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Commercial real estate lending volumes continue to thrive, bouncing back from its winter slump in the second quarter. Commercial real estate lending volume surpassed its 2015 levels. The area has been one of several asset classes which were severely affected by the global economic crisis, having witnessed property values decline by more than 25 percent in various markets. Experts even had predicted there would be a drop of 50 percent for worst affected regions. According to CBRE, United States loan origination volumes grew 5.7 percent year-over-year. CMBS lending volume is down from last year.


Banks had increased their United States commercial real estate lending share to 49 percent, compared to 10 percent for CMBS shops, highlighted CBRE. Most banks are deleveraging, with many including CRE lending. According to McKinsey & Company, bank financing for CRE has dried up significantly as a result. McKinsey released its Commercial Real Estate Finance Survey, one of two McKinsey surveys which focuses exclusively on commercial real estate. The survey highlighted estimated EU banking groups which comprised about 40 percent of the CRE loans outstanding on balance. The survey spanned 2006 and 2007, the final two years of the property boom, providing a clear picture of how the industry performs in good years.


The survey results revealed two key findings: First, the industry as a whole does not return its cost of capital (defined as equity) even in the best of times, let alone over the business cycle. Second, other factors include a lack of revenue diversification and cost inefficiency. McKinsey forecasts that even after the current crisis has faded, the CRE finance industry will continue to destroy value. The availability of capital has significantly constrained the balance sheets of CRE lenders. In Western Europe, net interest margins have gone up 100 percent or more.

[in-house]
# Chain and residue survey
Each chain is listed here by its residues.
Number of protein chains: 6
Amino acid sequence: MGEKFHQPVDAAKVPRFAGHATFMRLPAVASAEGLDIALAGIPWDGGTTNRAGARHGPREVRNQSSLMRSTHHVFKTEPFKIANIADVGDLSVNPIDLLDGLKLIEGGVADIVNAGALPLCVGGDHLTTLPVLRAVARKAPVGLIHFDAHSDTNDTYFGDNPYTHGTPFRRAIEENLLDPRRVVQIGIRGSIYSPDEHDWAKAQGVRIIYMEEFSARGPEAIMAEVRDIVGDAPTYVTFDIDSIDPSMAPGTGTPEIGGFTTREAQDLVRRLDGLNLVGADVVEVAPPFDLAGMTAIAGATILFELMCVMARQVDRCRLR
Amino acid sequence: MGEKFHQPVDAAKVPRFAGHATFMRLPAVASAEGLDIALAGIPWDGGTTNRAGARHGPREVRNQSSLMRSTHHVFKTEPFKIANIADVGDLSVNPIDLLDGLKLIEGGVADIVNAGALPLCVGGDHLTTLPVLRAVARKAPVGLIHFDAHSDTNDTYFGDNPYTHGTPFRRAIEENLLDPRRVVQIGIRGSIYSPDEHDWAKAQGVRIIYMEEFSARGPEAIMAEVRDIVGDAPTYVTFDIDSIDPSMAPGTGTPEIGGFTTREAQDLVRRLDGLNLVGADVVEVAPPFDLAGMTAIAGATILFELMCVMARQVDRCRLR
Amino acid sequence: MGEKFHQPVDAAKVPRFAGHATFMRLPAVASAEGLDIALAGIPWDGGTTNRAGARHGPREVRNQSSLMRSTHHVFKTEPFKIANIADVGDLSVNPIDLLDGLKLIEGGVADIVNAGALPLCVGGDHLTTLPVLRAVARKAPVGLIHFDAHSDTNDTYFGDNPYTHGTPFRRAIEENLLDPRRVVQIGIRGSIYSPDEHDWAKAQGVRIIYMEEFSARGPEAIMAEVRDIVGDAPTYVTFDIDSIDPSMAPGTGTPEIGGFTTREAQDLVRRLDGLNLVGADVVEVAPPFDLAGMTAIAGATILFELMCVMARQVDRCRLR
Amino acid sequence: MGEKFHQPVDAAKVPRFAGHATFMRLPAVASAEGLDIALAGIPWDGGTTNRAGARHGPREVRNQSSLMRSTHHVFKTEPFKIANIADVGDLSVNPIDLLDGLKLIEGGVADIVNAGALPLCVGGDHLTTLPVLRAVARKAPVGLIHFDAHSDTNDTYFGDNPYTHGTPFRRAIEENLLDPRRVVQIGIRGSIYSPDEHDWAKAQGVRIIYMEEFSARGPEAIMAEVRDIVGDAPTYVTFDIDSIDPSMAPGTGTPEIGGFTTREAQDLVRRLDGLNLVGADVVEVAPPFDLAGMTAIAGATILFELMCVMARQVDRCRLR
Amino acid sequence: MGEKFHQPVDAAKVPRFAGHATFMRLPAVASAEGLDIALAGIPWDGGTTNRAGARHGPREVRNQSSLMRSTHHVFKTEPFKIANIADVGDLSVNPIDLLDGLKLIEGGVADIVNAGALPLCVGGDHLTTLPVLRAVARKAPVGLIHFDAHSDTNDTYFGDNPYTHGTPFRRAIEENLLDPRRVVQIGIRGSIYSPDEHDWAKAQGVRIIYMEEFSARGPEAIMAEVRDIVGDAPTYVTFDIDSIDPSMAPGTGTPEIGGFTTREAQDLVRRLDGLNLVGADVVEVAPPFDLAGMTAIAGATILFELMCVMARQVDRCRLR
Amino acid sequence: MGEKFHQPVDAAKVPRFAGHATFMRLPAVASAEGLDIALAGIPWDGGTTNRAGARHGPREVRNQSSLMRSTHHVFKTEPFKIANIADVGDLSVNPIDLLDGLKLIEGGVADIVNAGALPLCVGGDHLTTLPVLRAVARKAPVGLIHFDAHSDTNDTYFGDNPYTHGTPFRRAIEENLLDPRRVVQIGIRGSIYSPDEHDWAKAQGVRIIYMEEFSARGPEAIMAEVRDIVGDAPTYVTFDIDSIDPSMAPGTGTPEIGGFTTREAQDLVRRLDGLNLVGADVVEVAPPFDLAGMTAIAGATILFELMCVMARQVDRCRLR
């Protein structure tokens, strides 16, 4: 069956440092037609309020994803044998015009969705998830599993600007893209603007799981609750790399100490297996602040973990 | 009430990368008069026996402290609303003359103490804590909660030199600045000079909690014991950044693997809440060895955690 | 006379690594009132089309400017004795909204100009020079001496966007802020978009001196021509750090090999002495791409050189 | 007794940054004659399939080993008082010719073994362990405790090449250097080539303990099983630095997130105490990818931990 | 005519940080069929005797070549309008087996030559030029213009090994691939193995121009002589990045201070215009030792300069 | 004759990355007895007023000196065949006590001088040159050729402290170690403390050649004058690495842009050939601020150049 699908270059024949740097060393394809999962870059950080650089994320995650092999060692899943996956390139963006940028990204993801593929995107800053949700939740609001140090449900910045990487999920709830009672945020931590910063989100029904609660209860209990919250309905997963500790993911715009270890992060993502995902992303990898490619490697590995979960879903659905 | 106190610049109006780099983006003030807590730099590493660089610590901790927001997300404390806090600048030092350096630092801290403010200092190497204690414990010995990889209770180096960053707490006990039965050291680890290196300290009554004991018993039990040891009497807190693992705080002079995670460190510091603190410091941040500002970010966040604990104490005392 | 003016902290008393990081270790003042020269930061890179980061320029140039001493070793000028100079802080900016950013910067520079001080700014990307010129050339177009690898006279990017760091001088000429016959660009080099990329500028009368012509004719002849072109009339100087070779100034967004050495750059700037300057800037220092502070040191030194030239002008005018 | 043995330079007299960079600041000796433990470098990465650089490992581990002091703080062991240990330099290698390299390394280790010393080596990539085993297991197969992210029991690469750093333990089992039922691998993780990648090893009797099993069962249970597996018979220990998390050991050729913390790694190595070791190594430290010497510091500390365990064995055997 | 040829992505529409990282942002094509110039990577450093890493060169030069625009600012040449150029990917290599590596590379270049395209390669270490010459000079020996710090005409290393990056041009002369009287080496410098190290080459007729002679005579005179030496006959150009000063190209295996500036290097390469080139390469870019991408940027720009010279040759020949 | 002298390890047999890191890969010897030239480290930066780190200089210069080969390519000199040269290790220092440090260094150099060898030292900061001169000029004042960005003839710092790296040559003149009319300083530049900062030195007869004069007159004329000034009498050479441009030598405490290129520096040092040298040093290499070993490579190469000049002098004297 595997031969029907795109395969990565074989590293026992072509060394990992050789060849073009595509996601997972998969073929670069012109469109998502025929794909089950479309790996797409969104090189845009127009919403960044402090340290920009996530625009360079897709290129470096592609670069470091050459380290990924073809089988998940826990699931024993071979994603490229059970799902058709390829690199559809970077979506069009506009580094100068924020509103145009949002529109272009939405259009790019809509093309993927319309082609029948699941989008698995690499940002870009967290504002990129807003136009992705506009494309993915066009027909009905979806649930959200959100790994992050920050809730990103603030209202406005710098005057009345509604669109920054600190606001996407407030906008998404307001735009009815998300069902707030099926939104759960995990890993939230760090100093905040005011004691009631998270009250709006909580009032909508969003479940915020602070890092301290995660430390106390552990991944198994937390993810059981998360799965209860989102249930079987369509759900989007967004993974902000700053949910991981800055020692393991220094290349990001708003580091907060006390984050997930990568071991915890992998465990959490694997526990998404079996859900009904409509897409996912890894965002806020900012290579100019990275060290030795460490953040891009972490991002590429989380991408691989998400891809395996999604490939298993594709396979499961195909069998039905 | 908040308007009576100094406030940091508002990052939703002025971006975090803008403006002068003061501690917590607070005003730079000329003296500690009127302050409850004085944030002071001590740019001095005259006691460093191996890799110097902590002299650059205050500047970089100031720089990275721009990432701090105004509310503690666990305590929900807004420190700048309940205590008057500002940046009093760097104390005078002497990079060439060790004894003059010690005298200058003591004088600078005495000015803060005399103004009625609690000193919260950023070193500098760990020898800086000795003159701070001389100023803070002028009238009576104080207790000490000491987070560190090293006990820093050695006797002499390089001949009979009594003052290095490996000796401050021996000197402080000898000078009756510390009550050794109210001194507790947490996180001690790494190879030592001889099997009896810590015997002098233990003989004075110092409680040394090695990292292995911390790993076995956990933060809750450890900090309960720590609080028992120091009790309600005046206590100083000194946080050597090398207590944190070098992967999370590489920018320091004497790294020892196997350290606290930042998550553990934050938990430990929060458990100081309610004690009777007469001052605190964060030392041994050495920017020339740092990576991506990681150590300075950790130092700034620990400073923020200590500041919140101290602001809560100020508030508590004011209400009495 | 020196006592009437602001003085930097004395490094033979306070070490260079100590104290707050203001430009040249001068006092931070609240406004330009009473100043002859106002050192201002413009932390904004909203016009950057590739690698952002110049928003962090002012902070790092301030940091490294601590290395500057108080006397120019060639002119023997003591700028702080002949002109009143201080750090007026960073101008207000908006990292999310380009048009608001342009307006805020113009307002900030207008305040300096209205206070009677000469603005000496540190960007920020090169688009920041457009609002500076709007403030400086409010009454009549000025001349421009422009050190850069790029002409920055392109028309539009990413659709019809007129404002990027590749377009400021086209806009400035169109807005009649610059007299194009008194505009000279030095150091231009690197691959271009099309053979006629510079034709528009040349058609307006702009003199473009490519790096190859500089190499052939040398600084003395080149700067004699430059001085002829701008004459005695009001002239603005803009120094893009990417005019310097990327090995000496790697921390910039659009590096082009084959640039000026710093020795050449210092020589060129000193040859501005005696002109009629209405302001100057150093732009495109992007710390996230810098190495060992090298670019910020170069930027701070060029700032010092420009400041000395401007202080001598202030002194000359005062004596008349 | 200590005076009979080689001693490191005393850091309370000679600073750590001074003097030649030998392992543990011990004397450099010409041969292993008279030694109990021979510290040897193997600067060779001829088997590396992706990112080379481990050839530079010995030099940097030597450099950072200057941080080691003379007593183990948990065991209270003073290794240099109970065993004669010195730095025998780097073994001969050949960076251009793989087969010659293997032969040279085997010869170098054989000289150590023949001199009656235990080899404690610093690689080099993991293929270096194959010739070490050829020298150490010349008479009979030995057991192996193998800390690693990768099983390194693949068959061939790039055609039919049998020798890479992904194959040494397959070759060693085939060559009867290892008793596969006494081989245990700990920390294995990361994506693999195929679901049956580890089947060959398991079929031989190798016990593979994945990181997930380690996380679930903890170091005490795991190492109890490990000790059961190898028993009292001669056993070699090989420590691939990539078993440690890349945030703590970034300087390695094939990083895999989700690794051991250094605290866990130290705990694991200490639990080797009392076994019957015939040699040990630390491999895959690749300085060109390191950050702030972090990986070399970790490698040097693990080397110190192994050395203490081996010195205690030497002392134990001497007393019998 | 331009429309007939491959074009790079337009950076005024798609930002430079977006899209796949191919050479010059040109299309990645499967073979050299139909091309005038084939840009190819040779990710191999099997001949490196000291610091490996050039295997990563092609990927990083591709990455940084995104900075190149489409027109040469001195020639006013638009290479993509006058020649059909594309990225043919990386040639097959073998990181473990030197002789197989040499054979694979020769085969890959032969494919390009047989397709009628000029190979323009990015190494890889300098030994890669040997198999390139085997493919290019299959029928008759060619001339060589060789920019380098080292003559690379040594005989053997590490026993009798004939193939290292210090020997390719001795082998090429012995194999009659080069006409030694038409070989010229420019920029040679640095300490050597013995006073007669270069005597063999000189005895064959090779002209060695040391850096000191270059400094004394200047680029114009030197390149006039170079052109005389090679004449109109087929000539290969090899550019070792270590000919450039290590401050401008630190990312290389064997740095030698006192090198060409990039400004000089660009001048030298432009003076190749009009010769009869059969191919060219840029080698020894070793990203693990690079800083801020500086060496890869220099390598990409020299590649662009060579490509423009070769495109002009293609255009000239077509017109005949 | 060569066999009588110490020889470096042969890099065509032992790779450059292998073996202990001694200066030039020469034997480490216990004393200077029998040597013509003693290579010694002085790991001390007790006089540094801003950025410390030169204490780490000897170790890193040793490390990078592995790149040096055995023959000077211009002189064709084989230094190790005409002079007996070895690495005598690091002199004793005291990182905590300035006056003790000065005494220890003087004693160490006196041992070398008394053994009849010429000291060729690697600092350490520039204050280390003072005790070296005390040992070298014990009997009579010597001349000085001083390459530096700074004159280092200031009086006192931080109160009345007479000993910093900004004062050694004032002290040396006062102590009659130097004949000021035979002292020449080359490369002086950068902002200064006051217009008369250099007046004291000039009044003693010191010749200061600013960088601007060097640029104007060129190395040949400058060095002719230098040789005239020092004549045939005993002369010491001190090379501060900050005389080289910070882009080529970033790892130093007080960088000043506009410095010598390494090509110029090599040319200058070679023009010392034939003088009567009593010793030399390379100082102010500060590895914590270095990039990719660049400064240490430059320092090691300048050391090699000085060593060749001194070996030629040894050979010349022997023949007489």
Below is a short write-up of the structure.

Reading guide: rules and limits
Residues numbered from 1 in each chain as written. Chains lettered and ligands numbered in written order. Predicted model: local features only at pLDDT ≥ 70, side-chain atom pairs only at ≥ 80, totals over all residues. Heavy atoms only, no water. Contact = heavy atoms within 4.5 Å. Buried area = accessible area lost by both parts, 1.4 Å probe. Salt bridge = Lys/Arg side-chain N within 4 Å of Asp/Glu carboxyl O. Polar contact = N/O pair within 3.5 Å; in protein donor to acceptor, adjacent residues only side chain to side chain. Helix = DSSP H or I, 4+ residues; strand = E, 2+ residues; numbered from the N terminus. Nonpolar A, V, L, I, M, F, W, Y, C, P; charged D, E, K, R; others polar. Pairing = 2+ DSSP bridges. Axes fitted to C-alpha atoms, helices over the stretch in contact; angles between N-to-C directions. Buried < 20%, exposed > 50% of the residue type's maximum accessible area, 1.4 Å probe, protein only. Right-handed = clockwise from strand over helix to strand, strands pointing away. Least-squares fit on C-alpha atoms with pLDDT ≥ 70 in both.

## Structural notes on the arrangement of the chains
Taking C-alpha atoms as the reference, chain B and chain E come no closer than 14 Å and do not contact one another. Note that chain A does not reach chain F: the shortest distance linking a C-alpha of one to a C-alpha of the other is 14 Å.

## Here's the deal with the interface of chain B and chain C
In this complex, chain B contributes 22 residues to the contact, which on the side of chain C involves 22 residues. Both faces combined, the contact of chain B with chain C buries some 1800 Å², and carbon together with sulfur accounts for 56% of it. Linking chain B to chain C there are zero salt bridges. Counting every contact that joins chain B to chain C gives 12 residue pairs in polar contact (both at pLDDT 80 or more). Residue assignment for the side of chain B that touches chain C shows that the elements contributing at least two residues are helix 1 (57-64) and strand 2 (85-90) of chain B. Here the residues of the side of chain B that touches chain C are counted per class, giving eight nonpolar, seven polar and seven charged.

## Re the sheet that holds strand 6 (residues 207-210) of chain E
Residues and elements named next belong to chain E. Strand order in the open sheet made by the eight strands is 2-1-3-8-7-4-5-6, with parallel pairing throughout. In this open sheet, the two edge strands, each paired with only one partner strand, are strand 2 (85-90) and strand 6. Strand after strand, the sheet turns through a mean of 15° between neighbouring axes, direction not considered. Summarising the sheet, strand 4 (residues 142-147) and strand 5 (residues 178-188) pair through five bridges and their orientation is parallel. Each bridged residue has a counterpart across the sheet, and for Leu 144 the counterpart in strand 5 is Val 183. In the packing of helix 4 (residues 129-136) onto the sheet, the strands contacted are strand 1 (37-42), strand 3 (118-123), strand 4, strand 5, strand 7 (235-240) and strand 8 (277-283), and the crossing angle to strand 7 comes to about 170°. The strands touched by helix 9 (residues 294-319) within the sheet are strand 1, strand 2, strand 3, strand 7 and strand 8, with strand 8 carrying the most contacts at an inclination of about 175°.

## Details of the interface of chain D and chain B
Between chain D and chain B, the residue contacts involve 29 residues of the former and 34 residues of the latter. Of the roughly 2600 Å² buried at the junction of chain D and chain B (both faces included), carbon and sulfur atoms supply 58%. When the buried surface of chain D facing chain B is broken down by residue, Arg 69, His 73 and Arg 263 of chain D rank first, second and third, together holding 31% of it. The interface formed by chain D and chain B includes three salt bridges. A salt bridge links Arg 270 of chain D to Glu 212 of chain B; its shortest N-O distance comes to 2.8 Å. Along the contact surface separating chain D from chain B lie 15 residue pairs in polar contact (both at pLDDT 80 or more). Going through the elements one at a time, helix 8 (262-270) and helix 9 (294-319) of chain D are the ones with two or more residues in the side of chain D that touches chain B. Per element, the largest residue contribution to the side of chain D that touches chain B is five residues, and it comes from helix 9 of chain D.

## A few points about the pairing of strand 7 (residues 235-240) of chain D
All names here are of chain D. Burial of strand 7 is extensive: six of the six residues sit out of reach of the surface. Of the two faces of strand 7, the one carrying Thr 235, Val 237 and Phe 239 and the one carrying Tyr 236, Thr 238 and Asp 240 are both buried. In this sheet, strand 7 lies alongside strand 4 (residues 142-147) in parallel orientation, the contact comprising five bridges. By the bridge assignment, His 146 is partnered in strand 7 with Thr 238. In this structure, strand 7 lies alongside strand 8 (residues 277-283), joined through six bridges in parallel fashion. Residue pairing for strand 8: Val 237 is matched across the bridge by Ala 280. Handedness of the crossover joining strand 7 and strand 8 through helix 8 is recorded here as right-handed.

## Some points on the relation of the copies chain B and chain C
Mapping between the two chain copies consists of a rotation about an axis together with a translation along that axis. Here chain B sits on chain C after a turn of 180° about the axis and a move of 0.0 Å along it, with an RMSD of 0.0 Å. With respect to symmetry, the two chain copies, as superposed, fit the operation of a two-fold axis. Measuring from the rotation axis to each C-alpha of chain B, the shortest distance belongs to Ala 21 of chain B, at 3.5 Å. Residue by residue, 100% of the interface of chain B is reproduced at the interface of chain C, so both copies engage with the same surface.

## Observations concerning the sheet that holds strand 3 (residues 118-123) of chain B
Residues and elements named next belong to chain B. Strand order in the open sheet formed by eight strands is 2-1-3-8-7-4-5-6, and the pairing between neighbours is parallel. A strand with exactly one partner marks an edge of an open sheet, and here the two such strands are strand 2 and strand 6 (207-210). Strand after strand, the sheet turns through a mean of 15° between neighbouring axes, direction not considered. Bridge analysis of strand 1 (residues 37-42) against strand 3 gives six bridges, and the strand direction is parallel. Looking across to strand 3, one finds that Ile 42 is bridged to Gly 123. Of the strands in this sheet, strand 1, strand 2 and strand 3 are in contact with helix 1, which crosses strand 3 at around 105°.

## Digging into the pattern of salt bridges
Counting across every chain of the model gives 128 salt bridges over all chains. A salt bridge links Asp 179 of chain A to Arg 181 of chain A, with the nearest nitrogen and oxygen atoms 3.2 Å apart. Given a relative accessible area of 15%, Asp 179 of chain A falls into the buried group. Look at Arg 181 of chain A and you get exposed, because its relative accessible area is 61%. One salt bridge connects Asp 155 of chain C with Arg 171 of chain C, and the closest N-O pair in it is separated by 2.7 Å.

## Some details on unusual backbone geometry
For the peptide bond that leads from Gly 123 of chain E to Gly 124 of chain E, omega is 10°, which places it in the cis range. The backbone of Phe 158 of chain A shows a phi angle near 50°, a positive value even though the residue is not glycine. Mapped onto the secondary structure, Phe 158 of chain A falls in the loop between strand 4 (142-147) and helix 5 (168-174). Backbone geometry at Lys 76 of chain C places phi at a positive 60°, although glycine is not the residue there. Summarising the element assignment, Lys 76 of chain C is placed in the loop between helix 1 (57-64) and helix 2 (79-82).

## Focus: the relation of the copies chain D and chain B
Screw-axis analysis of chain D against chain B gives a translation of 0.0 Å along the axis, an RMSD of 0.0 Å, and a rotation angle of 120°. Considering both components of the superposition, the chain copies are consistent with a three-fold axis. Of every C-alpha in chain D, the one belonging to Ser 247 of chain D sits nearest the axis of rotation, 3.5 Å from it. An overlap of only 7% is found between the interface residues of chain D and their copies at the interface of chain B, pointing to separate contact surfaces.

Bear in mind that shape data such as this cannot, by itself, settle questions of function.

According to McKinsey & Company, in the recent boom, CRE lenders did not see the need to invest in large workout organizations. “Now, given the unprecedented scale and pace of deterioration in many markets, banks urgently need to expand their workout units—no small matter, as these skills are hard to come by,” the firm noted. “These moves will help banks establish the needed comprehensive approach to loss mitigation.” Although lending margins will likely remain higher for a time, the firm believes that this relief with CRE lending will be transient. “As the next property boom takes hold (or perhaps even before), memories will fade, capital will re-enter the business, competition will increase, and a willingness to downplay risk will once again push industry margins down,” the firm highlighted. There is also a new era of regulation in which shareholders could bring challenges to CRE lenders. “If governments should impose, say, domestic lending requirements on the banks they “own,” that could undermine banks’ need for more careful risk assessment and pricing discipline, and could reduce lenders’ ability to select the most attractive deals.”

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